Earthquake fault creeping up on Fish Spring Flat

It's been a very interesting week with the moon's total eclipse, the Navy's shooting down the spy satellite, the big snowstorm here and the 6.0 earthquake near Wells, Nevada. That might not sound like a very powerful earthquake but it was big enough to severely damage many of the old historic buildings from the 1860s.

We didn't feel the shaking here in Fish Springs but it was reported to be felt even in Southern California. The little town of Wells has a population of 2,300 and apparently only a few residents were injured. Lucky for that with all the old brick buildings falling down. There's probably some after-shocks still happening around that area of I-80.

Over the years there have been a lot of major earthquakes in Nevada. Alaska and California are the most active states for earthquakes and Nevada is the third most seismically active. Our beautiful alternating mountains and valleys were, and continue to be, formed by the process of faulting and sometimes it seems like Nevada is pulling apart.

Back in 1989, I was hiking up the hill behind our house when I first saw it. A large crack that was 2 inches wide and a whole lot deeper than my walking stick had torn open the earth's surface. I followed the mysterious crack for half a mile. It ran horizontally about one-third up the hillside on the northwest edge of Fish Spring Flat. I called various agencies to report the unusual phenomenon and a geologist from the Nevada Bureau of Mines and Geology came out to investigate. He directed a large backhoe to dig a trench 30 feet long, 5 feet wide, and 15 feet deep into the hill. The crack was directly on top of a previously unknown earthquake fault.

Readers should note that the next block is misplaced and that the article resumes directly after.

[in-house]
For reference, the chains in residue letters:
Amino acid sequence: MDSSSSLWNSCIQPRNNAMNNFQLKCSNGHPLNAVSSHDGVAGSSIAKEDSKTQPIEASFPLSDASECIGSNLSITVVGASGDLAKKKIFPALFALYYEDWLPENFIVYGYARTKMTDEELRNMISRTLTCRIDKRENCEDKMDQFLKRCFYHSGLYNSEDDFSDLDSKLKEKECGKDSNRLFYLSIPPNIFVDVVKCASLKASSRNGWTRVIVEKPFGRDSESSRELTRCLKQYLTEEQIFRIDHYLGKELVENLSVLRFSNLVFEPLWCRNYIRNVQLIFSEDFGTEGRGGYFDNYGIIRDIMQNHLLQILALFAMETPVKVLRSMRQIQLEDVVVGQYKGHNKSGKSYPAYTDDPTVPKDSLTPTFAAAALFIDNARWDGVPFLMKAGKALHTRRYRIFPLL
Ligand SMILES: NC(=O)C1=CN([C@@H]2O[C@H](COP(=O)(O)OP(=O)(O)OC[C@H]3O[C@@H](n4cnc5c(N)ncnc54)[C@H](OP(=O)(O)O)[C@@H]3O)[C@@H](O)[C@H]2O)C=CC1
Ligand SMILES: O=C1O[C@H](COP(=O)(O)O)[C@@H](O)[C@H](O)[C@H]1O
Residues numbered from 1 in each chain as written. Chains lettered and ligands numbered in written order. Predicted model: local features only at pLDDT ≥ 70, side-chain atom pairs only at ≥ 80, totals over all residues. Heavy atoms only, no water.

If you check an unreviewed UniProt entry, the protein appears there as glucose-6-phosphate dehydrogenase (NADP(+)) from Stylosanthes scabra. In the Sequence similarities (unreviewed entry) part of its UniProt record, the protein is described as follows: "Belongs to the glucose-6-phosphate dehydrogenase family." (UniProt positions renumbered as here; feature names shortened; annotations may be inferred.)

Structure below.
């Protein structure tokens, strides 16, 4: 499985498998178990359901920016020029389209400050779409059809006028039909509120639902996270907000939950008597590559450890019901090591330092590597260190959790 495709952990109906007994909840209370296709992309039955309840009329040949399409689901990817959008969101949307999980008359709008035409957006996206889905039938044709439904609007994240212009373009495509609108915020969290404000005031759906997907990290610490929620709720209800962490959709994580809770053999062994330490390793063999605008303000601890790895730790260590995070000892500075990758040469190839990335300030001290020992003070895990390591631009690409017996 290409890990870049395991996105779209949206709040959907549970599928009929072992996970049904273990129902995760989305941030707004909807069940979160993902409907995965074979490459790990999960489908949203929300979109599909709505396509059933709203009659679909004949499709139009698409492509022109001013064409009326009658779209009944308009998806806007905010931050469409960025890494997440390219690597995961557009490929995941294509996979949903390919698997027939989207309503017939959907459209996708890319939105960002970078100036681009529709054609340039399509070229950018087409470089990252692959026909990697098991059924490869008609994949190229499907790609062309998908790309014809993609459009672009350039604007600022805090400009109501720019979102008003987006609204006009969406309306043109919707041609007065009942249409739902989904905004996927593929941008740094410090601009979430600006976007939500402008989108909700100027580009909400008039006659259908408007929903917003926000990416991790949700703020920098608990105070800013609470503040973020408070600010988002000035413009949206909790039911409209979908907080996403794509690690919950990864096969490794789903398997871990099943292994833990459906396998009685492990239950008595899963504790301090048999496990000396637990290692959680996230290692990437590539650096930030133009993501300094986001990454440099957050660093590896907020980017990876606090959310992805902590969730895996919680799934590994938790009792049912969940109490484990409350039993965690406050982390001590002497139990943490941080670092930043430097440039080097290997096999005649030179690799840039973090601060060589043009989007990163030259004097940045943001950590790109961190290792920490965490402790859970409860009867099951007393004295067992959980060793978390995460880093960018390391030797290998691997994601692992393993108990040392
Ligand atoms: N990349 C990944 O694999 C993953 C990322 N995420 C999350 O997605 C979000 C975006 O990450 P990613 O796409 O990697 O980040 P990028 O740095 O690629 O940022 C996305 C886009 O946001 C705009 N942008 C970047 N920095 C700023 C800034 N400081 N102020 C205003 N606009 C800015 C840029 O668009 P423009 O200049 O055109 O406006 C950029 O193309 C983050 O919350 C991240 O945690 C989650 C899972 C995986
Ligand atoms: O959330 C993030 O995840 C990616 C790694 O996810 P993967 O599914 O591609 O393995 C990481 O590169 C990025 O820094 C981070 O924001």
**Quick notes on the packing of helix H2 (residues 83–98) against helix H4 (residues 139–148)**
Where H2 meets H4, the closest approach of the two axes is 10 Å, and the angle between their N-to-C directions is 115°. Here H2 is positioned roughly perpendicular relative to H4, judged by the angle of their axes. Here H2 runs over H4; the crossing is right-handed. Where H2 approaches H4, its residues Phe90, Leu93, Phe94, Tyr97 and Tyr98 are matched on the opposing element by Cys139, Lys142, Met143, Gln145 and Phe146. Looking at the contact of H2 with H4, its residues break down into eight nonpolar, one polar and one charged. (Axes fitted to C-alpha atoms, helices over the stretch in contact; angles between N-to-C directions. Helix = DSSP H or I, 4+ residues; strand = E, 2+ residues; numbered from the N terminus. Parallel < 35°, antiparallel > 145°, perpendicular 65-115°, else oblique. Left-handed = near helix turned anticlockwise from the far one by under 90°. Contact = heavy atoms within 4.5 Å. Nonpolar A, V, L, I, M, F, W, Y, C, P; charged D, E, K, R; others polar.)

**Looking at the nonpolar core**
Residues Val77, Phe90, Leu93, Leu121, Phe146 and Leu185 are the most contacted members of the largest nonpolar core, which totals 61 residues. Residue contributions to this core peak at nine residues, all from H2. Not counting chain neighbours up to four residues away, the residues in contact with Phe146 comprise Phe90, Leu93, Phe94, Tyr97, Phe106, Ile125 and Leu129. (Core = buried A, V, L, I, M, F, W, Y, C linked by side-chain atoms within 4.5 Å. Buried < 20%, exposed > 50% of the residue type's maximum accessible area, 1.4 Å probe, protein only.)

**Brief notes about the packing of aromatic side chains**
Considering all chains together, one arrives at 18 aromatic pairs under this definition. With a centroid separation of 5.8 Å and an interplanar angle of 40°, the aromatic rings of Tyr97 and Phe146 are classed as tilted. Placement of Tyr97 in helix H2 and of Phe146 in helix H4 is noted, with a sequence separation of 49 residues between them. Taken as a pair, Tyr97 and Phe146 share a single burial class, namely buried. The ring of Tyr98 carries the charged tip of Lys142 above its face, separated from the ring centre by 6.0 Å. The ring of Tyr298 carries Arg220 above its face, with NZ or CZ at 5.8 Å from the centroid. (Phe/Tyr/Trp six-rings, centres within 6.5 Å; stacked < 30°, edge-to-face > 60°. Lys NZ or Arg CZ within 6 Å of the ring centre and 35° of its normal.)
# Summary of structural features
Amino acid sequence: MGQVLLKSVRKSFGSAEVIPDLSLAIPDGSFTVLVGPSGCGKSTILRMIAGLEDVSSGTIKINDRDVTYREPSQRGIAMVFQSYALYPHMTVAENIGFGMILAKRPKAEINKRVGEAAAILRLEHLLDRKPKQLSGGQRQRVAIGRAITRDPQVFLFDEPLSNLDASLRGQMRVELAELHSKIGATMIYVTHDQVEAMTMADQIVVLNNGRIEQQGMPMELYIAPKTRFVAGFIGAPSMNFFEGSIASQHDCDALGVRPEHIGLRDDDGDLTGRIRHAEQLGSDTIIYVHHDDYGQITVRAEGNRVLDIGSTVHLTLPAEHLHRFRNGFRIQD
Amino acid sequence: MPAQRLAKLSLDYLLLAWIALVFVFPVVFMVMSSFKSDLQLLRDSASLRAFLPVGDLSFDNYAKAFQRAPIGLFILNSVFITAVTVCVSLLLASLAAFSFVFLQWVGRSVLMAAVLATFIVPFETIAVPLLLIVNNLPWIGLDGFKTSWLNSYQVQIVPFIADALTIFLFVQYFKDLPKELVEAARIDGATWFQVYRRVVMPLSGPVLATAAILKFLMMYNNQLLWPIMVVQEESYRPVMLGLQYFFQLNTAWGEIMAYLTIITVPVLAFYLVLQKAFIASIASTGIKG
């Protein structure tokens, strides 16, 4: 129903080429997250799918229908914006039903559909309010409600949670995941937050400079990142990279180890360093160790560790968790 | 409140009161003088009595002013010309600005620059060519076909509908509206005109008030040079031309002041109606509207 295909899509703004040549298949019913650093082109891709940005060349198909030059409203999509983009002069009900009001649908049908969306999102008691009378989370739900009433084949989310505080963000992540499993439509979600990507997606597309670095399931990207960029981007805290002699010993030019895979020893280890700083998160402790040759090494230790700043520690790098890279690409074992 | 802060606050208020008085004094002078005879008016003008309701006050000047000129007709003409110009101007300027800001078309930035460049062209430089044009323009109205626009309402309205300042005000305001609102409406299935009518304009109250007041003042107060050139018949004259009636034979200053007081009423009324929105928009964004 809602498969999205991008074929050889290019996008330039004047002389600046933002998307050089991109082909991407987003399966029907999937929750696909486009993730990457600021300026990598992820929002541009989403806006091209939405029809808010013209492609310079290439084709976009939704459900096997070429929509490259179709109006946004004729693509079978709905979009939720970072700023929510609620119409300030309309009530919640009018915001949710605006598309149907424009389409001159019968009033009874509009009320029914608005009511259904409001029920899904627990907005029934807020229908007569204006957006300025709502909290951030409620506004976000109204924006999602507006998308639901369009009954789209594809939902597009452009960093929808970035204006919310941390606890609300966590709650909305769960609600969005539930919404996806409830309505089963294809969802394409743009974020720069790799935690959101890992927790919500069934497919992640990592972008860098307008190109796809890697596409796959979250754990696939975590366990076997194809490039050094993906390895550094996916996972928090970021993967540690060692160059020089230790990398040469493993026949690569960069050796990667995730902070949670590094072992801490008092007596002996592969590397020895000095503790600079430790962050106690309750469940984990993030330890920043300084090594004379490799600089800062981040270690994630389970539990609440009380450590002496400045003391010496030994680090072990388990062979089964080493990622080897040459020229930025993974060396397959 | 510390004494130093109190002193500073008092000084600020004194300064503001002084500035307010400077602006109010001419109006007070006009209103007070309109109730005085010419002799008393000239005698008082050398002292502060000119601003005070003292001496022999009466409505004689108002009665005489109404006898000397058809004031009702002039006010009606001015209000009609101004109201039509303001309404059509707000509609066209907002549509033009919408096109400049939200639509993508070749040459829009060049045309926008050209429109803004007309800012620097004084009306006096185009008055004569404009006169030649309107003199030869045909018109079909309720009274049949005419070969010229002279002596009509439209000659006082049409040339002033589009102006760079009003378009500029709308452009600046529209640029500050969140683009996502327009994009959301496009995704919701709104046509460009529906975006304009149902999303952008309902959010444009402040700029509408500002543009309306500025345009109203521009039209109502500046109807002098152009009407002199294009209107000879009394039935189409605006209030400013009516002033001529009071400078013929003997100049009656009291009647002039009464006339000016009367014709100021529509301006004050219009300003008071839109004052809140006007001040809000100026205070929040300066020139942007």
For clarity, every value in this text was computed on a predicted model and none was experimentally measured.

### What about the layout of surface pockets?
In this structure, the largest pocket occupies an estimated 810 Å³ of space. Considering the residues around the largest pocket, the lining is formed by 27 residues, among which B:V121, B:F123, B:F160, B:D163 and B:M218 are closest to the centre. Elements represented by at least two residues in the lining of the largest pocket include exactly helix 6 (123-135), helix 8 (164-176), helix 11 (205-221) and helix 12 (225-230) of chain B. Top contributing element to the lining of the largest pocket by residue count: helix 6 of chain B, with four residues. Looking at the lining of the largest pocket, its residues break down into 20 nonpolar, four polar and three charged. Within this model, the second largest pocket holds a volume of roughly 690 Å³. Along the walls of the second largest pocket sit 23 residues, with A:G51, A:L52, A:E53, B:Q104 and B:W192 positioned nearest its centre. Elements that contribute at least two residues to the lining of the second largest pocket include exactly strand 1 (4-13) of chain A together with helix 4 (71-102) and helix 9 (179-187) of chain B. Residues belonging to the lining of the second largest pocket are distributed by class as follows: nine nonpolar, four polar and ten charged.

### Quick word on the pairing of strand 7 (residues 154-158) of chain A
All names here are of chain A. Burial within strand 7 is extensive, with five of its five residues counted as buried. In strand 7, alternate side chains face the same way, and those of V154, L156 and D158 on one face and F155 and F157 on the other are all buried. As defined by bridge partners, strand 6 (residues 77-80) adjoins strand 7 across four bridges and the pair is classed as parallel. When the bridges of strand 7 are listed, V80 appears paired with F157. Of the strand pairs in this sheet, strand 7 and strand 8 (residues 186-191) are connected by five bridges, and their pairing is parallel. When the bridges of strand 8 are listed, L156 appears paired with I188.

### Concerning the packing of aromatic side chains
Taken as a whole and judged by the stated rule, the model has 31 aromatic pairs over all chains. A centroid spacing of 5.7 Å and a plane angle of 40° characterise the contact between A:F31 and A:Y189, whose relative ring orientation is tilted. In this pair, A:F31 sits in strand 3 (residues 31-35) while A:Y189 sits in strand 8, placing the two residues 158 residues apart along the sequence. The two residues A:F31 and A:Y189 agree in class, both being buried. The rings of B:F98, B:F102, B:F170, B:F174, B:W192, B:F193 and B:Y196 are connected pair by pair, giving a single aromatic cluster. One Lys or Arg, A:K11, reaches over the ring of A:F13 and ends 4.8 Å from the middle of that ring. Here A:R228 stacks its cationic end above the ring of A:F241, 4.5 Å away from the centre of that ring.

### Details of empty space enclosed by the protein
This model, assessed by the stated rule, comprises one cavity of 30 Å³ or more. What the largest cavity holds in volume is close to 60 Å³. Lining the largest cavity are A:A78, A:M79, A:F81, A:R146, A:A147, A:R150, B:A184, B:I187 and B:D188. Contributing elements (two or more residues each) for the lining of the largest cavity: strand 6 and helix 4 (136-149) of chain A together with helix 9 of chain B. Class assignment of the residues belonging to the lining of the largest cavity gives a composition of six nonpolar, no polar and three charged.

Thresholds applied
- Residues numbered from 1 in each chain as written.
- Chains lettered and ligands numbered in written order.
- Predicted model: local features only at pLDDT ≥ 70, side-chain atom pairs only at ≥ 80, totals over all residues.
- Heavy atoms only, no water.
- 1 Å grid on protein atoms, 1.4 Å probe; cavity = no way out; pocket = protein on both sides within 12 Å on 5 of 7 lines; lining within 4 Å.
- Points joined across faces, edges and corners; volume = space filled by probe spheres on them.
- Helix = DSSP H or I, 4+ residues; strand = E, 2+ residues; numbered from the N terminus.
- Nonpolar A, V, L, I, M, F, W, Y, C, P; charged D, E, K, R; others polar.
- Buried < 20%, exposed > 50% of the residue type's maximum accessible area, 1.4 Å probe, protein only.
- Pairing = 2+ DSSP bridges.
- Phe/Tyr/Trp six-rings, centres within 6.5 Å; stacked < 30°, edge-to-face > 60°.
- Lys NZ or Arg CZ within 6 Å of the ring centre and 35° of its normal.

The fault goes deep - miles deep - into the earth. It is a creeping scarp-type fault and curiously, there was no earth shaking when it opened back in 1989. As it creeps, the east side, which is the lower part of the fissure, has moved down and it stretched the dirt on the surface, pulling it apart. The deep trench that was dug through the fissure showed a dramatic difference in soil color exactly where the fault line runs. One side was a light tan-white color, and the other side was a reddish-brown. They are totally different geological features. Some kind of tectonic stress may have caused this fault to quietly open up.

Creep is very common on earthquake faults of this particular type. There are two schools of thought about a creeping fault. One is that the energy is gradually released and thereby relieving the built-up pressure slowly as opposed to a sudden, violent movement. The other is that creeping indicates an active fault, with a larger earthquake in its future.

My belief is that the energy is gradually being released, but to play it safe, we are planning for a possible earthquake, just in case. Think positive - but store water.

-- Linda Monohan may be reached at 782-5802.


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